Tuesday, March 20, 2012

Everything You Always (?) Wanted to Know About Kefir

Kefir. It's one of nature's miracle foods. Our family eats it at least 2-3 times a week.

What exactly IS kefir?
Kefir (key-fir) is best described as a liquid yogurt. It's a fermented probiotic super food (read = really healthy for you). Unlike yogurt, which has probiotic bacteria -- microscopic good guys -- in it, kefir has both probiotic bacteria AND beneficial yeasts. These are essential to helping heal our bodies from a deluge of antibiotics, toxins, and other health stressors we encounter.

Kefir is made at room temperature, so the beneficial enzymes in milk aren't damaged by the heating process if you're using raw milk. Since no stove is involved (like in making yogurt), it's an ideal fool-proof first step in making healthier food for your family. But you don't HAVE to use raw milk. Any type of milk will do.

Bonus: since kefir is made at room temperature, the bacteria/yeasts are mesophilic (meaning, room-temp-growing-guys). Yogurt is made by fermenting the milk at a higher temperature, so its bacteria are thermophillic (meaning, heat-loving). So you can keep eating kefir AND yogurt and get different beneficial properties.

You also don't need any sort of special equipment, like a dehydrator or yogurt maker.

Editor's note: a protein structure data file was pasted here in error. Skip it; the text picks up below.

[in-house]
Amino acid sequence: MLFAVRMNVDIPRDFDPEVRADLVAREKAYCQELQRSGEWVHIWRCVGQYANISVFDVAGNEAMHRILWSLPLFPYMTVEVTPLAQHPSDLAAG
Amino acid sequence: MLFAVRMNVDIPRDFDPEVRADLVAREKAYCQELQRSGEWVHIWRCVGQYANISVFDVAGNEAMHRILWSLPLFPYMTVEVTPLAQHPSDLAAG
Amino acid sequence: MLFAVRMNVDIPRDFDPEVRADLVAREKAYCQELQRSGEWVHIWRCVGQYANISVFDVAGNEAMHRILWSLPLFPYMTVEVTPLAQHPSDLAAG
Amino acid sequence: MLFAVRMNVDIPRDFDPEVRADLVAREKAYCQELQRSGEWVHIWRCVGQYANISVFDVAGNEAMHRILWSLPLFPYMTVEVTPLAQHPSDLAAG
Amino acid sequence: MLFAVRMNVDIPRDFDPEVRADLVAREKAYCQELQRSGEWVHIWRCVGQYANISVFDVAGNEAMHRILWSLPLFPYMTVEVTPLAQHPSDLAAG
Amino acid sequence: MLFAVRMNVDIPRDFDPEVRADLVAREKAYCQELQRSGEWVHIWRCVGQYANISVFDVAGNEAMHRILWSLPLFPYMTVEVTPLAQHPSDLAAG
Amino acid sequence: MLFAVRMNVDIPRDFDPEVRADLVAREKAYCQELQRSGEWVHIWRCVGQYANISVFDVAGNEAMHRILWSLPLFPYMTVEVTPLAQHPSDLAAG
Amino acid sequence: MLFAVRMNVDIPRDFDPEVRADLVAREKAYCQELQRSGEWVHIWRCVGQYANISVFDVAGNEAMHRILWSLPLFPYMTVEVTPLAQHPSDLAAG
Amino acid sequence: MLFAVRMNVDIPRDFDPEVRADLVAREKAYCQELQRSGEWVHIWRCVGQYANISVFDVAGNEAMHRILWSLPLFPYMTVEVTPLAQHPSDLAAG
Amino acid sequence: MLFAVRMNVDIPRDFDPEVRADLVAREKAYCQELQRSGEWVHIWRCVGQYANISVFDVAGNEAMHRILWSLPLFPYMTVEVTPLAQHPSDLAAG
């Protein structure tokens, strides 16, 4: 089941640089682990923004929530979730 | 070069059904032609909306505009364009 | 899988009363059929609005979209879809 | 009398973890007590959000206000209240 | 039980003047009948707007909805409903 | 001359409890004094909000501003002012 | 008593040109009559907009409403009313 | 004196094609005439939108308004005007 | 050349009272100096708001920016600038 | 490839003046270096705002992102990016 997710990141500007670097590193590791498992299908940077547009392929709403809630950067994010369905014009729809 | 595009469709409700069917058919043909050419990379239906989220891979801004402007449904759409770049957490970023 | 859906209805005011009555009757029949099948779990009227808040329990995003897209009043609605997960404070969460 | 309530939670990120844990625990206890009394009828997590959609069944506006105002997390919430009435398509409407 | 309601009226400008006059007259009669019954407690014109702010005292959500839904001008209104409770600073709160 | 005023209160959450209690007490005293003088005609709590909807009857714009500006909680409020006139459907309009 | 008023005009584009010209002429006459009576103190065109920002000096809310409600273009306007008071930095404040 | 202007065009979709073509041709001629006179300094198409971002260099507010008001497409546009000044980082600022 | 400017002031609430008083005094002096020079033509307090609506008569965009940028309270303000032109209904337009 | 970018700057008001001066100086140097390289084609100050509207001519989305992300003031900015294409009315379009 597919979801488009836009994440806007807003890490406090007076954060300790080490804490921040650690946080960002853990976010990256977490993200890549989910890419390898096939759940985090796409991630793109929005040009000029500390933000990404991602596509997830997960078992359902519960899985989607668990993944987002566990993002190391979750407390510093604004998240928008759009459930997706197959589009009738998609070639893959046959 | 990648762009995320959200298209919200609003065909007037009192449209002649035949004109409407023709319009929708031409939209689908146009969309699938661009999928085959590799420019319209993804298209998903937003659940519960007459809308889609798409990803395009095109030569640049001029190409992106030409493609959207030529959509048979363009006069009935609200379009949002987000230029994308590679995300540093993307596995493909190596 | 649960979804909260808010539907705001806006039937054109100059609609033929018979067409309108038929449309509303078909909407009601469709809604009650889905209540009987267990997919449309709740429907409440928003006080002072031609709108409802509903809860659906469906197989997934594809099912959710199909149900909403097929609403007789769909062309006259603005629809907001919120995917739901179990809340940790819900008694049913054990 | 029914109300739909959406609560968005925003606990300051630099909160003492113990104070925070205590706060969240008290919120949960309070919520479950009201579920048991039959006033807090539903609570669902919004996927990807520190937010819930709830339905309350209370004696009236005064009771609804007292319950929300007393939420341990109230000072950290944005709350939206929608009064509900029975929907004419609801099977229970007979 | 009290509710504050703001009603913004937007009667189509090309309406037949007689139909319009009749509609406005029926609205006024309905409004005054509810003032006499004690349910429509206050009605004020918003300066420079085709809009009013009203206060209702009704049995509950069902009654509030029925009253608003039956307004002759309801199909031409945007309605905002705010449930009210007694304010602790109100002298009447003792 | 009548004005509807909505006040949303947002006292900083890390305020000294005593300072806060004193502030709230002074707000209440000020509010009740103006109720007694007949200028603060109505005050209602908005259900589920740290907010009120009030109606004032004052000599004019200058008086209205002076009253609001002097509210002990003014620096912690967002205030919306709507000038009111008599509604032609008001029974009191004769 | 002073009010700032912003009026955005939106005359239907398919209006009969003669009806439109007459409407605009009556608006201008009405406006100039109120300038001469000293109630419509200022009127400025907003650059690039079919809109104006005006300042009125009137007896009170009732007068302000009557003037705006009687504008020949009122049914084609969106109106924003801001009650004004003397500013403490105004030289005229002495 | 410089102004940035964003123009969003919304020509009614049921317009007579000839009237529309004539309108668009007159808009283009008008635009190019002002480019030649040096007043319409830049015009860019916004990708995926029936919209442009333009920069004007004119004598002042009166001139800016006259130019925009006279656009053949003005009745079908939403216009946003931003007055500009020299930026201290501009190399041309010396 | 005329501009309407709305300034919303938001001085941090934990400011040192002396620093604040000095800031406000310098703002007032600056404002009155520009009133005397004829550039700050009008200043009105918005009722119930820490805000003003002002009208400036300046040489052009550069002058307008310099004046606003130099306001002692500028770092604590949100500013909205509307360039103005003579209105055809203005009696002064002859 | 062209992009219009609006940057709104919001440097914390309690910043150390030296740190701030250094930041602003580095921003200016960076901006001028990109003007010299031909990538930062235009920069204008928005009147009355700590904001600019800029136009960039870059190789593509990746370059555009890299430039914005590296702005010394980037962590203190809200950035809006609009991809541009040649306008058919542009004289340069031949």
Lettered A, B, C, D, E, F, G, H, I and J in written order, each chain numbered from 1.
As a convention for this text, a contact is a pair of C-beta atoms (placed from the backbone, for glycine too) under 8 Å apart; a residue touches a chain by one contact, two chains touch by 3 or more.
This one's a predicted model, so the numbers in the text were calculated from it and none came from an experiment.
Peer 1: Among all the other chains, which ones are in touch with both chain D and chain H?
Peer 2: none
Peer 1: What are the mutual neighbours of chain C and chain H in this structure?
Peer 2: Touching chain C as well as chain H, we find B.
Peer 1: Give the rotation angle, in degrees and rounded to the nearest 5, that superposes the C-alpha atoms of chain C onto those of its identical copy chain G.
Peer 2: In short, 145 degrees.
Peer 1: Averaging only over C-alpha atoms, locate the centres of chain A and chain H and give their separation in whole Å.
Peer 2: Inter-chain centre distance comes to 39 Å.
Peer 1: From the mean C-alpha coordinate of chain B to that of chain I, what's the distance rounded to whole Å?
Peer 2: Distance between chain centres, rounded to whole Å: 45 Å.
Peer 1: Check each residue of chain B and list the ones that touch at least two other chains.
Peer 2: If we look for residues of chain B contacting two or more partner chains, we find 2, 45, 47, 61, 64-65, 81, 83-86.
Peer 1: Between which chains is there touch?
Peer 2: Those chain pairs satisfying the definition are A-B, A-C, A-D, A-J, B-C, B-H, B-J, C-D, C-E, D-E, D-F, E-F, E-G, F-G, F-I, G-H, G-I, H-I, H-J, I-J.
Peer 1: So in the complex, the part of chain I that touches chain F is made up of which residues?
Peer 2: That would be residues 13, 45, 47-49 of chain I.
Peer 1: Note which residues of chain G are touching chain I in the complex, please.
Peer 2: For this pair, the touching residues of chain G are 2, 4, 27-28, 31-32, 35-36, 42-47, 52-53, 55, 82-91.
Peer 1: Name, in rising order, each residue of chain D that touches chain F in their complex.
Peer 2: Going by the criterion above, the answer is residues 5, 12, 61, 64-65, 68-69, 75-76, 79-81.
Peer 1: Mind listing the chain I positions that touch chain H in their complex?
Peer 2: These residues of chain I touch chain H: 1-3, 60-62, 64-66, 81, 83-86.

Plus, if your family struggles with lactose intolerance, kefir is a wonderful way to get dairy into your system. The kefir grains eat away at the lactose in the milk and transform it into digestible liquid gold dairy. 

What do I do with kefir?
You can make smoothies, use it as a buttermilk replacement in pancakes, use it as a milk replacement in baked goods. You could drink it straight, too. But I like my fru-fru smoothies. Kefir tastes like liquid yogurt with a little bit of a carbonated zing. That's the yeast components at work.

What do I need to make kefir?
You will need:
So now that you're all set to make kefir, 
click here to learn how to make it!

2 comments:

  1. What is the calorie/fat content of Kefir? Any idea? Thanks!

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    1. Hello, Debbie! Honestly, that is a hard question to answer. It depends on the milk you use (skim? whole? raw, unhomogenized?) and how much you are consuming. Thanks for stopping by!

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